“If 53 percent were the dropout rate for white males, it would be unacceptable; if 41 percent of their children were being placed in special education, that would be a major crisis. If only 20 percent of their boys were proficient in reading in eighth grade, that would be a crisis. If only 2.5 percent of white males ever earned a college degree, that would be a major crisis in America.”
Worse in Minnesota
Those statistics are even more glaring and embarrassing in Minnesota, which has long prided itself on a progressive and egalitarian culture. For more than a decade, test scores and attainment rates for our African-American students are lower than they are in most other states.
This is not somebody else’s problem or a fate that we can separate from our own. What happens to African-American males will impact what happens to our economy and community at large.
Business leaders in Minnesota have been warning that within the decade, 70 percent of jobs in Minnesota will require postsecondary education. And we simply won’t have the educated work force our economy needs unless achievement and attainment gaps are closed.
Growing part of the work force
White population growth rates are flat or declining as a percentage of the total in Minnesota, but the number of African-American children and young adults, ages 5 to 24, is expected to grow 24 percent between 2006 and 2020. Put another way, the public and private sector will increasingly rely on racial and ethnic minorities, including African-American males, to make up the highly educated work force necessary to attract the knowledge-based companies that have made our economy strong. An economy that will desperately need smart labor cannot afford to leave anyone behind.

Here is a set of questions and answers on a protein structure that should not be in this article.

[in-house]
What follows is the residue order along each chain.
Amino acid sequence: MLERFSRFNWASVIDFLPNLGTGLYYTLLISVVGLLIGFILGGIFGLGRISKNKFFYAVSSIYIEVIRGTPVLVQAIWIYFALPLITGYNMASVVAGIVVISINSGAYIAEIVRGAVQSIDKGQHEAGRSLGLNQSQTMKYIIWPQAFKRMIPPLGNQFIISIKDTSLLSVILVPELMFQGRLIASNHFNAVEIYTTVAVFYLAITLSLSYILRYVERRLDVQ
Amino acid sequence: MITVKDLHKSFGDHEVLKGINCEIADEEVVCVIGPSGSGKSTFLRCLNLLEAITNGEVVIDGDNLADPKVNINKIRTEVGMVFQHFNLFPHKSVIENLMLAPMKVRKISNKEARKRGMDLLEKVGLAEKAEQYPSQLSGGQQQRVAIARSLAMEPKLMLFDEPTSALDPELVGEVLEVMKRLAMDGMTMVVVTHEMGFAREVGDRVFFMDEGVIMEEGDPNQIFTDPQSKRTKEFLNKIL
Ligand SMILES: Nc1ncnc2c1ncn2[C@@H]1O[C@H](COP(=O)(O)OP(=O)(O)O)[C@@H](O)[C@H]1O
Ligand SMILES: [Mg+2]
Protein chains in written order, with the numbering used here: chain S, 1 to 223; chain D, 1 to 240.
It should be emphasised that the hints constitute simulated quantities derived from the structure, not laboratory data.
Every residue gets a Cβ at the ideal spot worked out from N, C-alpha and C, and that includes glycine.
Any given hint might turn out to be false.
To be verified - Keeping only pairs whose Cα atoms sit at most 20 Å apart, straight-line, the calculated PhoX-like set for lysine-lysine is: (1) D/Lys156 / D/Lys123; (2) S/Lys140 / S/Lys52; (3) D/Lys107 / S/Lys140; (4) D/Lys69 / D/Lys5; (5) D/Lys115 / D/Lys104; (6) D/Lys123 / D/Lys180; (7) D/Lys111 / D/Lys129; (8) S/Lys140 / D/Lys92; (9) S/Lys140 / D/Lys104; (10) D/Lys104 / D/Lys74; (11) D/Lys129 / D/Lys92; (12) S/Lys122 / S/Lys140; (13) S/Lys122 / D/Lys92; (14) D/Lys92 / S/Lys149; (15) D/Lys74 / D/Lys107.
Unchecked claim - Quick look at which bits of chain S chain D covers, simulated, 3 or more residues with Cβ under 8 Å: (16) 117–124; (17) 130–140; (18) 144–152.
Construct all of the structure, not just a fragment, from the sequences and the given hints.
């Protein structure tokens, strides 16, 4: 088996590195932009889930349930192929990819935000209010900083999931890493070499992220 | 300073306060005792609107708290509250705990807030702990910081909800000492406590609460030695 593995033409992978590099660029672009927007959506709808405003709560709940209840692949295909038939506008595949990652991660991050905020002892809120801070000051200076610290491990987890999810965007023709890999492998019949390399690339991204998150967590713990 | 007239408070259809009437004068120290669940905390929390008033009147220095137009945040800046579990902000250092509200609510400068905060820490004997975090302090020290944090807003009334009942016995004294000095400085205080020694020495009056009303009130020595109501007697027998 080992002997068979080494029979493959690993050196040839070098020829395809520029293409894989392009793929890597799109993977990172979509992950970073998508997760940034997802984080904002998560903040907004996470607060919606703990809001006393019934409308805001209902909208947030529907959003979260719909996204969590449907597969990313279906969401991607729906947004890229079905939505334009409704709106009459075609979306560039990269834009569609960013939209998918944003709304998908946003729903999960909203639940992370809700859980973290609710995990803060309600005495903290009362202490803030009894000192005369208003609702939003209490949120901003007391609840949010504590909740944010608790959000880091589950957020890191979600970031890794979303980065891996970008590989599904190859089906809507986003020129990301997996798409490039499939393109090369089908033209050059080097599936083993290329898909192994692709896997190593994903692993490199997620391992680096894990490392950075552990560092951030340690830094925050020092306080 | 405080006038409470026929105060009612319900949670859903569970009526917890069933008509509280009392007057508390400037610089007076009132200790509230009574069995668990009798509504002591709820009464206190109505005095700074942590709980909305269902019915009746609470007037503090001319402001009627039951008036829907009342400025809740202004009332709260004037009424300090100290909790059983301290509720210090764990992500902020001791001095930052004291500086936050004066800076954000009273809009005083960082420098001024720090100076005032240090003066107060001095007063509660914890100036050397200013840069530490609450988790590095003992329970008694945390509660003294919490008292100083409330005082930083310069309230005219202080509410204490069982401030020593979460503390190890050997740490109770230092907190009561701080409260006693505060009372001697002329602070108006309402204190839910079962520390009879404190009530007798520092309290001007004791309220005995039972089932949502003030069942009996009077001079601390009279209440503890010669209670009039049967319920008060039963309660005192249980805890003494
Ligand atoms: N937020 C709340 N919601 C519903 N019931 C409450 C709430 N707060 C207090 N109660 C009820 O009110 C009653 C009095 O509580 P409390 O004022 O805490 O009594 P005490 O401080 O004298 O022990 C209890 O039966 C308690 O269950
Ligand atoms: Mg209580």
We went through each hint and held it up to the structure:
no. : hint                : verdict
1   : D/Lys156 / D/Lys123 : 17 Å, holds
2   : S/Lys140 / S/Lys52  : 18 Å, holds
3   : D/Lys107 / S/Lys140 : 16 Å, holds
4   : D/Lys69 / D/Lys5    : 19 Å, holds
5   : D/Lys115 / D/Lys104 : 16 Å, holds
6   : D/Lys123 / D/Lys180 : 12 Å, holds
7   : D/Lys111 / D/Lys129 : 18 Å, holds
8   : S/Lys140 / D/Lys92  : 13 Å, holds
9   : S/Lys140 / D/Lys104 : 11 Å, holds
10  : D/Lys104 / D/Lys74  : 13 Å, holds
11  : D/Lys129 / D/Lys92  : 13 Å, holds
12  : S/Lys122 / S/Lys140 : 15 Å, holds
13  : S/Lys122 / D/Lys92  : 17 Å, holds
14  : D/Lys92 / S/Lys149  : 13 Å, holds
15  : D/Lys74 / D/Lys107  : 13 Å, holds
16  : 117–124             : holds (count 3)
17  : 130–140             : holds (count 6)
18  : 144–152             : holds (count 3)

The best of our black and white leaders, past and current, have exhorted us to do the right thing, appealing to both self-interest and the loftiest instincts toward justice and fairness.
The Rev. Martin Luther King Jr., in his enduring letter from a Birmingham jail, wrote that he could not “sit idly by in Atlanta and not be concerned about what happens in Birmingham. Injustice anywhere is a threat to justice everywhere. We are caught in an inescapable network of mutuality, tied in a single garment of destiny. Whatever affects one directly, affects all indirectly.”
Mike Ciresi, a Minnesotan who happens to be white and one of the most prominent lawyers in the nation, and whose Robins, Kaplan, Miller & Ciresi Foundation for Children strongly supports efforts to address the equity gap, brought this message home at a recent reception in Minneapolis celebrating Teach for America, a corps of young teachers working in under-resourced rural and urban schools. Improving racial equity in education outcomes is “the civil rights battleground of this century,” Ciresi said. “Unless and until we do this, the America we grew up with will not be there tomorrow.”
Dane Smith is the president of Growth & Justice, a progressive public-policy organization based in St. Paul. Shawn Lewis is a board member of the Pan African Community Endowment of the St. Paul Foundation and a trustee of the Minnesota 4-H Foundation. A version of this column appeared in the St. Paul Legal Ledger Capitol Report.